knocked the chief down. He rose, rushed
at the clerk, and was again knocked down.
The maddened Indian tore off his gloves
and tried to get his knife from the drawer,
but the drawer was locked, and he calmed
down and demanded to be let out.
"What will you do when outside?" asked
"Attack the fort and kill every man in
it," said the chief.
Alexander, seeing what his foolish joke
had done, resorted to a desperate measure.
He took his revolver from a drawer, and
told tho chief that nnles3 he promised to
give up his purpose and make friends he
wonld shoot him on the spot. Forainin
uta or two White Clond was obstinate, but
Alexander produced two bottles and prom
ised him thee.
Then the chief shook hands, and receiv
ing his knife and pistol left the room, car
rying the present for which an Indian will
do almost anything. He kept his word,
though he never again treated Alexander
as a friend. Youth's Companion.
A Grat South American Kiilwir.
The station of tic great Southern rail
way on the Plaza de la Consiitudoa at
Buenos Ayres is a vast and handsome
building, which will b&ar comparison with
the best modern railway stations in Europe.
Tho monumental marble staircase and
entrance hall, the offices of the administra
tion, the waiting room1 and the arrival
and departure platform, spanned by a
tasteful iron roof, are rII as fine a &bj
Children Cry for Pitcher's Castoria.'
Cor. Main and First St. Wichita.
Anew process dry compressed yeast
cake. Quick, stvonjr and street. Al
ways in tlio bouse ready for use, and
will keep a year. Price 5o a packag
factory cor. Kelloff? & Mosley Avo
J. A. BISHOP,
Wholesalo and Retail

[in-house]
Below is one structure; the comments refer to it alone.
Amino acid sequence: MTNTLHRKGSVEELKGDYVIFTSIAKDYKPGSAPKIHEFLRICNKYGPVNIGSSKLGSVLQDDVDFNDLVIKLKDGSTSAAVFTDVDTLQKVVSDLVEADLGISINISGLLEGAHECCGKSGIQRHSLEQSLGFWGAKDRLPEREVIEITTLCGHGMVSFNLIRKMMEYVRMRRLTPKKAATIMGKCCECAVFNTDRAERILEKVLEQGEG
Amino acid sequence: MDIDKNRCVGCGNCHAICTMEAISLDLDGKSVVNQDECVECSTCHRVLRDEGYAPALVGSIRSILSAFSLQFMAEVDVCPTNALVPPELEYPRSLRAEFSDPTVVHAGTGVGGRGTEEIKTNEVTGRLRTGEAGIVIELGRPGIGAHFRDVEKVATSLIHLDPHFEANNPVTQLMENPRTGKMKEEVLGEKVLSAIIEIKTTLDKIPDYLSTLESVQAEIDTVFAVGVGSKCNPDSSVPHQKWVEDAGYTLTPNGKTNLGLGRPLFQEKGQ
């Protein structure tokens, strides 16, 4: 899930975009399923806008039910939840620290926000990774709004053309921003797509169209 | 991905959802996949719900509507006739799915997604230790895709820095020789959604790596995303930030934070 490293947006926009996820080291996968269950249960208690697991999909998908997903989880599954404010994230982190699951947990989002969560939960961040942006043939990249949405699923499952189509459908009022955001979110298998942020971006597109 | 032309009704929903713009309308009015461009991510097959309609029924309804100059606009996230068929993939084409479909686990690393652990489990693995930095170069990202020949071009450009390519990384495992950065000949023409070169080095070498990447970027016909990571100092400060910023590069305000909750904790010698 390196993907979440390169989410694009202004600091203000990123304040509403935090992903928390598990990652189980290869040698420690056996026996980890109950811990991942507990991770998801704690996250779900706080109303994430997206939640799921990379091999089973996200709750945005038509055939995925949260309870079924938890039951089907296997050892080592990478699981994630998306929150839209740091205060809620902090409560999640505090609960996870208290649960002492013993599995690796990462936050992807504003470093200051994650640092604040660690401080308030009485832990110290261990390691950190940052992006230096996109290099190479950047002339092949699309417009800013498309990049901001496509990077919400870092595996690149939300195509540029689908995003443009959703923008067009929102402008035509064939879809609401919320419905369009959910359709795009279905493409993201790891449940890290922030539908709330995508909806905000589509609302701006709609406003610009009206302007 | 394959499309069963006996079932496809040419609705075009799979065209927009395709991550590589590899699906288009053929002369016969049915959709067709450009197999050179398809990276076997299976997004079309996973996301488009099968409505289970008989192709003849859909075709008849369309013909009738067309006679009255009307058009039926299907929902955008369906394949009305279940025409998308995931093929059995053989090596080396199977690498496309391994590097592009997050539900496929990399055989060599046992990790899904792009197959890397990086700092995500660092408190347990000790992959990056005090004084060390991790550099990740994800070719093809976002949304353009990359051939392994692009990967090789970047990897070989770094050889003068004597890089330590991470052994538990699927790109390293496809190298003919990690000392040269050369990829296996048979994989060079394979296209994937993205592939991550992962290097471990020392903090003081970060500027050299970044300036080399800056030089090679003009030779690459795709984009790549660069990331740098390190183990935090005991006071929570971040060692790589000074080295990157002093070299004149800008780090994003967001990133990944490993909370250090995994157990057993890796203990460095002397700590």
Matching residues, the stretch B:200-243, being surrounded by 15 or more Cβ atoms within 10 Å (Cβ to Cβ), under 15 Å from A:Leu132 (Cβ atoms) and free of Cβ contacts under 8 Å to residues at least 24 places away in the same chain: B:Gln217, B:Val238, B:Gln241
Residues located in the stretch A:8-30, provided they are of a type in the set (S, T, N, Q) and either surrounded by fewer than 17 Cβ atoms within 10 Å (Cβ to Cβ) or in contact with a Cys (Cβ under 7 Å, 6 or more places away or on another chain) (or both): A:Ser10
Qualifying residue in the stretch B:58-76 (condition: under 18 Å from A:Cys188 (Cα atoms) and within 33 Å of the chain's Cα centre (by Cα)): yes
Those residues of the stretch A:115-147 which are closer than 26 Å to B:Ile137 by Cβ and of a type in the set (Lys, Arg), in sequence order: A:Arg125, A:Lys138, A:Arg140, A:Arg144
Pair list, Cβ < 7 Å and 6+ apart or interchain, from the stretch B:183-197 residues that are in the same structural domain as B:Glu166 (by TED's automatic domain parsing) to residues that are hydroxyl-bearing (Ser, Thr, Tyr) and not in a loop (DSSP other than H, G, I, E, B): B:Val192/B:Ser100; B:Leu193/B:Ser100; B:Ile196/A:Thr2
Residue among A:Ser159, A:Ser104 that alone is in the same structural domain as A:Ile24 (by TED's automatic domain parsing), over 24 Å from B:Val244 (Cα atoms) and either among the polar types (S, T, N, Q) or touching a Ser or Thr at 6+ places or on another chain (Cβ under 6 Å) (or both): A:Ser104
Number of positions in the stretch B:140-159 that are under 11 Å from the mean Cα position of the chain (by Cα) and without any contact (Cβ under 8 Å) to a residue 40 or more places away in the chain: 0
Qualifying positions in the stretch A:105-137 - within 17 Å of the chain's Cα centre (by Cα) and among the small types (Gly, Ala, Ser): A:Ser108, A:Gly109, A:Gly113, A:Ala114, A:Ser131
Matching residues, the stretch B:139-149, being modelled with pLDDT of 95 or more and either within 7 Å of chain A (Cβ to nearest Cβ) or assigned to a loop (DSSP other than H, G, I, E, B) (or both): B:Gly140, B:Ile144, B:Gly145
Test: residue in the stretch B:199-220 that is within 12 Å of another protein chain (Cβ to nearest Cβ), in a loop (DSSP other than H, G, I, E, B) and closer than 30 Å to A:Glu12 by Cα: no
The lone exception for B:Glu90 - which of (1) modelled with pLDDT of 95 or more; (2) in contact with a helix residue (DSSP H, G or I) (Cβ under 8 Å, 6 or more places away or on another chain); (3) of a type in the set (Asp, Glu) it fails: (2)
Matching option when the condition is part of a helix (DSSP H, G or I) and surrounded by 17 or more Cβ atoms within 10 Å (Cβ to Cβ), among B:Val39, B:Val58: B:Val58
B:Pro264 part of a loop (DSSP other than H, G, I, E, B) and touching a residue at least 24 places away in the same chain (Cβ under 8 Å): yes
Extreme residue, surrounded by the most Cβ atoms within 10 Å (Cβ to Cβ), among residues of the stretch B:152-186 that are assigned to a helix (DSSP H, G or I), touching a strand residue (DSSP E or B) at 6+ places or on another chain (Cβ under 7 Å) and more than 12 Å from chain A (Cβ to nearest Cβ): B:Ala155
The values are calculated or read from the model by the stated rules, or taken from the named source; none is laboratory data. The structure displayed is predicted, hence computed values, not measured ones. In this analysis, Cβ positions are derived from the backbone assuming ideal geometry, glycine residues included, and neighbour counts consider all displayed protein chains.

Paints, Oils and Glass.
150 K Market St., Wichita, Kan
Pliotopliers . Supplies!
102 E Douglas Avenue.
Wichita, Kan. Telephono Connection
BUTLER & G-RALEY
"Wholesale Dealers la
Job Work of all kinds promptly attended to,
213 South Main, Wichita, Kan.
210 E DOUGLAS AYE.
Physicians : SurrLiES,
and Surgical Instruments, end for our Illustra
thing of the kind in the old world. l"no
adjoining goods station and depots are of
enormous extent, and during tho season
form tho great wool market of Buenos
The plan and distribution of the various
services are most conveniently arranged.
The rolling stock for passenger traffic is,
like the station, of the most modern and
improved description, built in England,
the ordinary cars on the North American
plan, and the sleeping cars on the Euro
pean system, with compartments of four
beds. This company run3 also vestibule
trains between Buenos Ayres and La Plata,
and these cars, likewise built in England,
are fitted up with the greatest luxury, aud
provided with every convenience that a
traveler can desire.
I confess that I was agreeably surprised
to find such an admirably appointed rail
way in the new republic. In tho Old
World, even in these days of international
expresses and through trains from the
Bastille to the Sublime Porte, the public
is not accustomed to such splendor as the
Buenos Ayres company offers to the nil
admirari Argentina farmers. Theodore
Child in Harper's.
learning Potmi bj Heart.
Sidney Woollett, the New York elocution
ist, says that the way memory can be
trained is by constant exercise. "I know
thirteen of Shakespeare's play3 nod Ten
nyson's idyls by heart, besides a volume of
miscellaneous poetry. My process was
simple: I went hard to work and learned
them by rote. Sometimes I wonld read
ten lines over carefully Fever.il times and
then attempt to repeat th;m. If I failed I
would keep at them until I knew the lines
perfectly, then I would try ten lined more.
By memorizing ten line3 at a time thor
oughly I had bttle trouble to repeat an en
tire poem of a thousand lines or more.
"My favorite way of memorizing is while
I am walking. Often I have walked fifteen
or twenty miles repeating long poems hk
'Miles StandLh,' 'Enoch Ardeu' and
'Elaine ' It somehow comes natural to
me to memorize wmle walking. I &eem to
remember better what I have conned.
Shakespeare's plays are difficult to mem
orize, because the author has to many
striking lines and so many original char
acters. Naturally it Is more difficult to
recite dramas than poem?. If I happen m
make the slightest mistake in reading raj
lines I hear from lt,so I am carefel to know
what I recite perfectly."
DIcoTery or FrlcUonal Kletrlcltj-.
An Englishman put on a pair of woolen
stockings over his silk ones on a cold win
ter day. At night he pulled the stockings
off without separating them, and wa a
tonl3hed by the crackling nol sad even
the Eparks of eJecmriry which followed.
When he drew tbs ulk stocking oct of
tho woolen one the electrical aUr&dka